The University of Georgia, Department of Banking and Finance, School of Business Administration, Athens; and The University of Michigan, School of Business Administration, Ann Arbor; respectively. We are grateful to Mike Barclay, David Blackwell, Michael Bradley, Susan Chaplinsky, Harry DeAngelo, Cliff Holderness (discussant), E. Han Kim, Laura Kodres, Ron Masulis, Jeff Netter, Annette Poulsen, Bill Sahlman, H. Nejat Seyhun, Dennis Sheehan, and seminar participants at Harvard University, the University of Oregon, and Purdue University for their comments and recommendations. We also acknowledge the data collection assistance provided by Rick Mull, Eric Van Houwelingen, and So Han Lee. Financial support for this project was provided by the Center for Entrepreneurial Studies at New York University, the University of Michigan Summer Research Program, and the University of Georgia Research Foundation.
Venture Capitalist Certification in Initial Public Offerings
Article first published online: 30 APR 2012
1991 The American Finance Association
The Journal of Finance
Volume 46, Issue 3, pages 879–903, July 1991
How to Cite
MEGGINSON, W. L. and WEISS, K. A. (1991), Venture Capitalist Certification in Initial Public Offerings. The Journal of Finance, 46: 879–903. doi: 10.1111/j.1540-6261.1991.tb03770.x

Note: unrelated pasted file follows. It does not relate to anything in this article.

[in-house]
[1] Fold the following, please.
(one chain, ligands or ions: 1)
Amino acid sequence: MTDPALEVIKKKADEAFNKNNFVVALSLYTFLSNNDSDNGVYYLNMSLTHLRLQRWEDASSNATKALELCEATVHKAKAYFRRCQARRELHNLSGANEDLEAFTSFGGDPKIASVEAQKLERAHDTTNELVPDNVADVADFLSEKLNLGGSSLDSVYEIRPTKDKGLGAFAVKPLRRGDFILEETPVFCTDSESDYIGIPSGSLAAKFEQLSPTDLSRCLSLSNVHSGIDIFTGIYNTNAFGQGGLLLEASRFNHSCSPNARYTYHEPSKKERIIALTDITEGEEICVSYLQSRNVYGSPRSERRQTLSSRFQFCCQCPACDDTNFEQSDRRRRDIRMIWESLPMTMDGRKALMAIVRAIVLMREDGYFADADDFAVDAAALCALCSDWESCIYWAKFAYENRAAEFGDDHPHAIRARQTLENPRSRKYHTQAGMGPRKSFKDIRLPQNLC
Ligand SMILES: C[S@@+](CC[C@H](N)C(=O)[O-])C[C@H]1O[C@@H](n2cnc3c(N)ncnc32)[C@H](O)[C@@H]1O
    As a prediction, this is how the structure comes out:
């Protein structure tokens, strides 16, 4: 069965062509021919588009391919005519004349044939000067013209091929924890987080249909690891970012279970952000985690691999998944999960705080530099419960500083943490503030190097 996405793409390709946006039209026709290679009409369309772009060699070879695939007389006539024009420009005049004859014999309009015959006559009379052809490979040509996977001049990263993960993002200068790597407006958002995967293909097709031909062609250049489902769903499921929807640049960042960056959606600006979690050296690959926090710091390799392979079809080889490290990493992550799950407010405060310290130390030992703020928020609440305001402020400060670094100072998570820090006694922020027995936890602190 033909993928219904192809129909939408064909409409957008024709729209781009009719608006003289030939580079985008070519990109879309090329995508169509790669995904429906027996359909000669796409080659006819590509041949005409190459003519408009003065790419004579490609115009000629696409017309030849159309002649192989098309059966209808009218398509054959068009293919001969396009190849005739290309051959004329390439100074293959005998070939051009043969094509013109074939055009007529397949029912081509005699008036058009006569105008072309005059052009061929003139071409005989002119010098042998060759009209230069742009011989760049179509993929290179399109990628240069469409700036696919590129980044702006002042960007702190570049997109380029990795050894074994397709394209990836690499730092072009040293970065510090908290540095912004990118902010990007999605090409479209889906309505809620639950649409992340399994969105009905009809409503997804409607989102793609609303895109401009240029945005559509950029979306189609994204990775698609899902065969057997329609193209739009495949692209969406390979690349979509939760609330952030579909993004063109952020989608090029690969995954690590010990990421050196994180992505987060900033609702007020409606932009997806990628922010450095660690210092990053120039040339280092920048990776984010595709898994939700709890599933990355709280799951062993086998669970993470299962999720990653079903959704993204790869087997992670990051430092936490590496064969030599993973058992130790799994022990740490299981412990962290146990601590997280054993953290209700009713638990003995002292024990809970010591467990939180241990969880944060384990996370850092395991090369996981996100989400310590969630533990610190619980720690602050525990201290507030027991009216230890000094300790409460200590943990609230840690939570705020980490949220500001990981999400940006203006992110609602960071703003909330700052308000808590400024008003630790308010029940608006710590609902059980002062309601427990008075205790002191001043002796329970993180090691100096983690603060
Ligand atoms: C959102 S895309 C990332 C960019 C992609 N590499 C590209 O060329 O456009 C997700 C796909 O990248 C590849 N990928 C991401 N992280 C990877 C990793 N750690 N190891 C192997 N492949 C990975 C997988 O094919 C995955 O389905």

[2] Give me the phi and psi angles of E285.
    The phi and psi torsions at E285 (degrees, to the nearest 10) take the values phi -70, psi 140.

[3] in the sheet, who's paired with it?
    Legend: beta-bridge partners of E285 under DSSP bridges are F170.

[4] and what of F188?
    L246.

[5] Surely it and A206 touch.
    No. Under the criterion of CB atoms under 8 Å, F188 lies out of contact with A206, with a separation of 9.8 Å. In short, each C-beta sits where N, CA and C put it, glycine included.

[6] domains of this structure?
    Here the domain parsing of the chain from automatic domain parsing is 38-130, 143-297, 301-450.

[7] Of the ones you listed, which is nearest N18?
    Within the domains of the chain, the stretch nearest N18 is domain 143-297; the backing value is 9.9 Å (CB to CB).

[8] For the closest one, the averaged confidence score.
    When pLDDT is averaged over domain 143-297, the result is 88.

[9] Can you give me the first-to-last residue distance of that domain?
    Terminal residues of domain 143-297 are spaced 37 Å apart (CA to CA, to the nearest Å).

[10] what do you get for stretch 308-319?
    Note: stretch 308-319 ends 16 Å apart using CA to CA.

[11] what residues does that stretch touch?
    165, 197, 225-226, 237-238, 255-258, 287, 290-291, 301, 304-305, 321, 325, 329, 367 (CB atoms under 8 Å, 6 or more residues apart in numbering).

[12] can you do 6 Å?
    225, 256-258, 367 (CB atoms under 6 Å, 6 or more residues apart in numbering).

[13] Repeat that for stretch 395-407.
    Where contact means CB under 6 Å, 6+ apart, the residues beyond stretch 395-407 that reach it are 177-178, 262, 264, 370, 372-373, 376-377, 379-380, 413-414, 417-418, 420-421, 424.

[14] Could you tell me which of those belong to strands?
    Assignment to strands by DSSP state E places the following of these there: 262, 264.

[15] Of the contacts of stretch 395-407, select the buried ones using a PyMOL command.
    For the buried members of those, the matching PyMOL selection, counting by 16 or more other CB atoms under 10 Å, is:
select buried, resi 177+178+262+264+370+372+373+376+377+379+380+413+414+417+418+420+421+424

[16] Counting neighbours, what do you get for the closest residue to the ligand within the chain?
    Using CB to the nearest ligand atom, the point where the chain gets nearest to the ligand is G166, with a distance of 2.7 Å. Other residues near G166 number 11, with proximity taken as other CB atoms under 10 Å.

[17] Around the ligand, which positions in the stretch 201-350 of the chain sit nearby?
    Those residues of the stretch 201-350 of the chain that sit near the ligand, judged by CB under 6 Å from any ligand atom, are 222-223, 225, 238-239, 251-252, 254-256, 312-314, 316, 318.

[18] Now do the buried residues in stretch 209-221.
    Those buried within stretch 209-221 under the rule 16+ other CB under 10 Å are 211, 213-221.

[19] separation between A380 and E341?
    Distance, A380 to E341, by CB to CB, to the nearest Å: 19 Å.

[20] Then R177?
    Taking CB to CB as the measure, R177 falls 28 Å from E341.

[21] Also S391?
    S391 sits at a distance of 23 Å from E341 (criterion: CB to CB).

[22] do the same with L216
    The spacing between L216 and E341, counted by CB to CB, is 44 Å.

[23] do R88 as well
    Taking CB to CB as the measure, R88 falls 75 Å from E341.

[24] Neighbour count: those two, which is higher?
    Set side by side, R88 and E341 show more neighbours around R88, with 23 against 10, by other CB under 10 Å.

- Issue published online: 30 APR 2012
- Article first published online: 30 APR 2012
This paper provides support for the certification role of venture capitalists in initial public offerings. Consistent with the certification hypothesis, a comparison of venture capital backed IPOs with a control sample of nonventure capital backed IPOs from 1983 through 1987 matched as closely as possible by industry and offering size indicates that venture capital backing results in significantly lower initial returns and gross spreads. In effect, the presence of venture capitalists in the issuing firms serves to lower the total costs of going public and to maximize the net proceeds to the offering firm. In addition, we document that venture capitalists retain a significant portion of their holdings in the firm after the IPO.